Surviving the Aftershock

Today marks one week since I was released from the hospital following my 5-day Ketamine treatment. I owe an overwhelming amount of people extraordinary thanks for the way my family and I have been cared for, prayed for, supported, embraced, encouraged, and unconditionally loved throughout this experience. All I can do at this point is offer my humblest and profoundest appreciation to everyone who has reached out in any capacity. This is perhaps the hardest blog-post I have ever attempted to compose due to how inadequate any expression of gratitude feels. 

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I pray my thankfulness rings through the short message I am about to share. 

Thank you to Mark for not only giving up as much of his Fall Break as he did to spend time with me throughout the week in the hospital, but for so graciously taking the time and energy to assuage concerns, respond to inquiries, and relay information. Without the thoughtfully crafted updates from “Paddy” and the countless questions my family and Mark have patiently answered for me over the past week, I would have very little knowledge of anything that happened after the first day checking into Hahnemann Hospital.

As anticipated, due to the sedative nature of the protocol, I have practically no recollection of how the week transpired. However, what I have is a painfully raw, upsetting, and terrifying aftermath. My “transition” could not have been more dramatic or jarring. I have dealt with a novel aspect of illness, mental distress requiring immediate medical action. Post-treatment I was bombarded with severe anxiety and an acute state of depression that has shaken my loved ones and me to our cores. This dreaded possibility, a most unfortunate outcome, has proved to be the most daunting and trying cliff I have ever been forced to ascend, as my ability to continue existing has been perceivably impossible over so much of the past week. To describe these effects as seeming “earth-shattering” feels like a pathetic understatement.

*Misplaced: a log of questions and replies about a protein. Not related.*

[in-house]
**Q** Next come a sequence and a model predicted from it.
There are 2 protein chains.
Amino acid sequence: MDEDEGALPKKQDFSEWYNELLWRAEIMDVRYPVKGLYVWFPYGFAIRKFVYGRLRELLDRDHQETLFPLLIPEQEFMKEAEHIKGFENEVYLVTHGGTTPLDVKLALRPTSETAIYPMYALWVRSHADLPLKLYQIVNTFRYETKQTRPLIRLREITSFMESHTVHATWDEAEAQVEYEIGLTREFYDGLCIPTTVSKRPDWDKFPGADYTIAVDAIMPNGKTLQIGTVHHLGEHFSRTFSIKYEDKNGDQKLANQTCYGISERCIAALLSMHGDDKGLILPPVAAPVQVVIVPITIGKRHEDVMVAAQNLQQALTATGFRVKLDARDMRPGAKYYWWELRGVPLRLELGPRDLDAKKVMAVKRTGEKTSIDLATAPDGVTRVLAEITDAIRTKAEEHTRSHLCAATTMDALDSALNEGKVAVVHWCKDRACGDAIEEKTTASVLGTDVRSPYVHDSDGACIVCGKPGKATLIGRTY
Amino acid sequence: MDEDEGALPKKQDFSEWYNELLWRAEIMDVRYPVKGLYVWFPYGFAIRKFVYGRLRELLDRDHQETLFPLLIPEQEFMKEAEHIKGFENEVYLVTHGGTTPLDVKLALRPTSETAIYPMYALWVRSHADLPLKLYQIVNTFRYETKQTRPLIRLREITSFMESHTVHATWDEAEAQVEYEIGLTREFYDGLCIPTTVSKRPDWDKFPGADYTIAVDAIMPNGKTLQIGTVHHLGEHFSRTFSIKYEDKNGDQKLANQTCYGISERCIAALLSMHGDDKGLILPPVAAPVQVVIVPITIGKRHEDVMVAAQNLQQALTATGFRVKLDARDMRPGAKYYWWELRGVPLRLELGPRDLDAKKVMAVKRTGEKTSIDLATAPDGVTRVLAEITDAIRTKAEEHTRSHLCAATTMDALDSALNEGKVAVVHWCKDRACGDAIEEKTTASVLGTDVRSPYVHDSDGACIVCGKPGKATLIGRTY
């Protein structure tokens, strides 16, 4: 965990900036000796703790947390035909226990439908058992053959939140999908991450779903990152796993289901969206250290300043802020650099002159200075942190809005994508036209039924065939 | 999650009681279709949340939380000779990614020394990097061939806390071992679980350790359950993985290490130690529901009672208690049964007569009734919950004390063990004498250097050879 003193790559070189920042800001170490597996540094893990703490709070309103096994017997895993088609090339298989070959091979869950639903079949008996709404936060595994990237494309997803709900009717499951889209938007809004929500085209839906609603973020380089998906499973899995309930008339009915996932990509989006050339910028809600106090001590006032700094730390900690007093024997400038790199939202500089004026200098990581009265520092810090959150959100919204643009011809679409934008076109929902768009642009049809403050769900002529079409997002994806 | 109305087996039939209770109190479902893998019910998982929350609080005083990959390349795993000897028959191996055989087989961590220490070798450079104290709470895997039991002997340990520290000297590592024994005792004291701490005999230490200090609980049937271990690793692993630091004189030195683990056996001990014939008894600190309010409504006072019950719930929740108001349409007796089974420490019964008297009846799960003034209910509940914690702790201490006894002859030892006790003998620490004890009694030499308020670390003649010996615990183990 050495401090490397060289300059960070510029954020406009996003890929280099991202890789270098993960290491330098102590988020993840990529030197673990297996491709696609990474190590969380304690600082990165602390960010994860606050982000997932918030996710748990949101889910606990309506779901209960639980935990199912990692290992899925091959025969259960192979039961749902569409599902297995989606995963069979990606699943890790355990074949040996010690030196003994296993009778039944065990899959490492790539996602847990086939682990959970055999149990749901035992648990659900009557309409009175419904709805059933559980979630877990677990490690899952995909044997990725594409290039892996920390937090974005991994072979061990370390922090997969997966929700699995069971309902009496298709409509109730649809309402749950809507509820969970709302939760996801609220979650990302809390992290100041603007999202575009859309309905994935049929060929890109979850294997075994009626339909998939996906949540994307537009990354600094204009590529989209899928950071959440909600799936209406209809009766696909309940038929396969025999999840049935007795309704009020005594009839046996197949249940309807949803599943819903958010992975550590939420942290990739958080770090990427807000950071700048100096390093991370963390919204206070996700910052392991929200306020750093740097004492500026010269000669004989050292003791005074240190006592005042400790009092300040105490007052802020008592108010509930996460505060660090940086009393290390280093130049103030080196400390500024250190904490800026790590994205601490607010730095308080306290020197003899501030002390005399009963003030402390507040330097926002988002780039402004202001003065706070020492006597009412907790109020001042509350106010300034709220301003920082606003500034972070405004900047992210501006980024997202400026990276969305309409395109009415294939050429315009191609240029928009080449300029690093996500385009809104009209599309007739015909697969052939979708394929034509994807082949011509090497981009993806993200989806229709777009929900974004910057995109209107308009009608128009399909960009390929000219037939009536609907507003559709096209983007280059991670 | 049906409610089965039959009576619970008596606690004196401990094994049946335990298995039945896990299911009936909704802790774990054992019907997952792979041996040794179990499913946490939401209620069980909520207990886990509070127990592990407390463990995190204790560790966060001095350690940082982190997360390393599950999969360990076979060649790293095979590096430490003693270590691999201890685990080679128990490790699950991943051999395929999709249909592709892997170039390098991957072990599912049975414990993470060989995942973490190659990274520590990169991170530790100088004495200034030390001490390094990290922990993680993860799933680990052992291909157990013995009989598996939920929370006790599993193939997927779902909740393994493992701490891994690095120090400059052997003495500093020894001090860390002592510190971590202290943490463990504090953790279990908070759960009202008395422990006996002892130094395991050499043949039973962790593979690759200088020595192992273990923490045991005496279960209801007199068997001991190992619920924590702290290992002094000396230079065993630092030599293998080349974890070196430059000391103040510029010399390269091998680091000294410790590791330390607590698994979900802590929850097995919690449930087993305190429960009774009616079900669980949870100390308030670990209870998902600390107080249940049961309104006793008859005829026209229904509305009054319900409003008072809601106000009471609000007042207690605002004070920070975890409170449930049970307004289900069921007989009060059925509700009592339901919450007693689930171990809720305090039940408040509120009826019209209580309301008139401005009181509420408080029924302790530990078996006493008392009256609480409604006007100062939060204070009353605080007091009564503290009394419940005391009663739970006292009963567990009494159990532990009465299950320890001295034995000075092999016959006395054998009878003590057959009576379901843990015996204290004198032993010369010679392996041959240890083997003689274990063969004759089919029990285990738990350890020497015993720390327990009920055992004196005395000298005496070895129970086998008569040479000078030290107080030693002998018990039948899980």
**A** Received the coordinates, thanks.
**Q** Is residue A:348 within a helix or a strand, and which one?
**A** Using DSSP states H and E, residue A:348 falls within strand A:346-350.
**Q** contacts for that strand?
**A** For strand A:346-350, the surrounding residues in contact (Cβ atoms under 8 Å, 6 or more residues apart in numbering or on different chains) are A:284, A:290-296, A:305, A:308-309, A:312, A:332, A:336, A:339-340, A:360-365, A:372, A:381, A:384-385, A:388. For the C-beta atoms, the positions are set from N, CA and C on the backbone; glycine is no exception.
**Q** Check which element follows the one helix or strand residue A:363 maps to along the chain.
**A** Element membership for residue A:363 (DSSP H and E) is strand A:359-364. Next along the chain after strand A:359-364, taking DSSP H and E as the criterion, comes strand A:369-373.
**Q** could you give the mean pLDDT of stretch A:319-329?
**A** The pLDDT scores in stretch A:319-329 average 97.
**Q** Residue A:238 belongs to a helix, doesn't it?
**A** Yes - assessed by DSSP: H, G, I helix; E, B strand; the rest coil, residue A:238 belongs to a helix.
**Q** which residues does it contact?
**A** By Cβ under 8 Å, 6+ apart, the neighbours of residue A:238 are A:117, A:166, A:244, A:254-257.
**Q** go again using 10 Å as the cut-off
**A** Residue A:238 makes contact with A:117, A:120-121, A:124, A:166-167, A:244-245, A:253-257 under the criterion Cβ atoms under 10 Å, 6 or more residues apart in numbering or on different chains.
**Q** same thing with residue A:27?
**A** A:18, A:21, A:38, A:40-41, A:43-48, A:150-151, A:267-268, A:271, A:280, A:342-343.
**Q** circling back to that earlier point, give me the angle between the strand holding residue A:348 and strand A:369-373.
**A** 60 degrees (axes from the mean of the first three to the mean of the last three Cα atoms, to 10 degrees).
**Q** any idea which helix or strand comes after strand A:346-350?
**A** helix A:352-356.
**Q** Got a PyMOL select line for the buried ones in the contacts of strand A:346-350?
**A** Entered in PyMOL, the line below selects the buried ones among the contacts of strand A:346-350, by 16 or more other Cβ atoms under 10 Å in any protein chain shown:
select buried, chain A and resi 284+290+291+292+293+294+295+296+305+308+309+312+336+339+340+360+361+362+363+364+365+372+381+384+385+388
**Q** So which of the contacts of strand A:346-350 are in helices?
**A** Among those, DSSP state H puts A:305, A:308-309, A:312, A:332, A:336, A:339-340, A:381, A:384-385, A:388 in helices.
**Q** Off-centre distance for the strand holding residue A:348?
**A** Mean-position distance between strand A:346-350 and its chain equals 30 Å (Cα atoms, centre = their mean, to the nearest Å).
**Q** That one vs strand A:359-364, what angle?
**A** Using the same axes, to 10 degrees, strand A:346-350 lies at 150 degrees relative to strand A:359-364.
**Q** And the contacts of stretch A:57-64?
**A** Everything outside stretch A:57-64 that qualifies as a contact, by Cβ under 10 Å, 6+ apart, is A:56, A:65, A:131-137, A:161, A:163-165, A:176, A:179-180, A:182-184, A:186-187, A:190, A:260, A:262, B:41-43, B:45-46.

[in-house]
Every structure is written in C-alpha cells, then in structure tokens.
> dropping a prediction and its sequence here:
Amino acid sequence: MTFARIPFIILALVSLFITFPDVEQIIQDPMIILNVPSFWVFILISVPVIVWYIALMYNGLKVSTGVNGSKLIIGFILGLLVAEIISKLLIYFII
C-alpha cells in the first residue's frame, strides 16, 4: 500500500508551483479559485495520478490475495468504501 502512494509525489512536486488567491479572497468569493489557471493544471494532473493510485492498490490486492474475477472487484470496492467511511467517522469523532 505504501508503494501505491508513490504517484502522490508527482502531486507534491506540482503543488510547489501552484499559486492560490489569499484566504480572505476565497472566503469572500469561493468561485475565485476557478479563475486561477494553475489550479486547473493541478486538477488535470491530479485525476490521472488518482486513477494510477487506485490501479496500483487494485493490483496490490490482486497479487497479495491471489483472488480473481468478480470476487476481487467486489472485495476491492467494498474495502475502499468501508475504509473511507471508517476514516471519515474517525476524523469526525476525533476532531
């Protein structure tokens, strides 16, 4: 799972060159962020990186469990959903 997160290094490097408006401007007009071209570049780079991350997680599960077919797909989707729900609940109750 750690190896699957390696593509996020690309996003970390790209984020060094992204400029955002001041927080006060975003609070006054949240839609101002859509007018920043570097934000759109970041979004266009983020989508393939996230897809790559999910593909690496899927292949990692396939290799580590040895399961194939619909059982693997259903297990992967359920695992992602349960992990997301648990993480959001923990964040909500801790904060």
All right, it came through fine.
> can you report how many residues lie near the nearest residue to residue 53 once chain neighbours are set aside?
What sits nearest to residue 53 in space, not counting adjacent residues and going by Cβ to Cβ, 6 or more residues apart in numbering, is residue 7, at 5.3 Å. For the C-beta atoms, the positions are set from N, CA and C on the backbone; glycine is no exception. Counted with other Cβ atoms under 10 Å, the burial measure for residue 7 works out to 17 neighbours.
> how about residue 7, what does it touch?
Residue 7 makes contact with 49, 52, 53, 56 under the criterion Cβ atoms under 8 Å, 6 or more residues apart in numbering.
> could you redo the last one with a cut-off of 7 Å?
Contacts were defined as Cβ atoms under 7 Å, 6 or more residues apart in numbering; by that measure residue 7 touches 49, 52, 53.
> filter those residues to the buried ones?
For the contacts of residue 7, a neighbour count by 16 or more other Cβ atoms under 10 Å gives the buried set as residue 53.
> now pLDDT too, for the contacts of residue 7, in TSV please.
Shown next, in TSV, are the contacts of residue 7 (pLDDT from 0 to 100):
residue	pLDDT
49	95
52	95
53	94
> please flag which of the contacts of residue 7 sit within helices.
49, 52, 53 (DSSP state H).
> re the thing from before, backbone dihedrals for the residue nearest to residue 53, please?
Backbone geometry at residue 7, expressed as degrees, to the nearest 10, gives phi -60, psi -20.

Now seven days “out,” I am no where near “out of the woods;” in fact, I have never felt so “in the thick of it.” However, with an aching body, throbbing heart, and tired mind I am eternally thankful to be able to say that I’m still here for seven reasons:

  1. The unending and unconditional devotion of my parents.
  2. The steadfast care of my sister and brother.
  3. My loyal side-kick, the most loving Paddy-boy. 
  4. My rock and best friend, Mark. He walked into my life a year ago and has become such a special member of my team. He courageously and selflessly rose to the challenge of seeing me through this dark time as the most noble knight in shining armor I could imagine. 
  5. All the kindness and prayers of my support system. 
  6. My team of doctors who rose to the occasion of seeing me through every day. 
  7. A Higher Power….Who miraculously appeared as an inner voice that whispered “don’t give up, you might get through this if you give it one more try” and has accompanied me across the country to receive treatment in California from a special practitioner who hopes to help detoxify my body of all the physical toxins, cleanse my mind of the psychological turmoil, and restore my soul from the emotional trauma.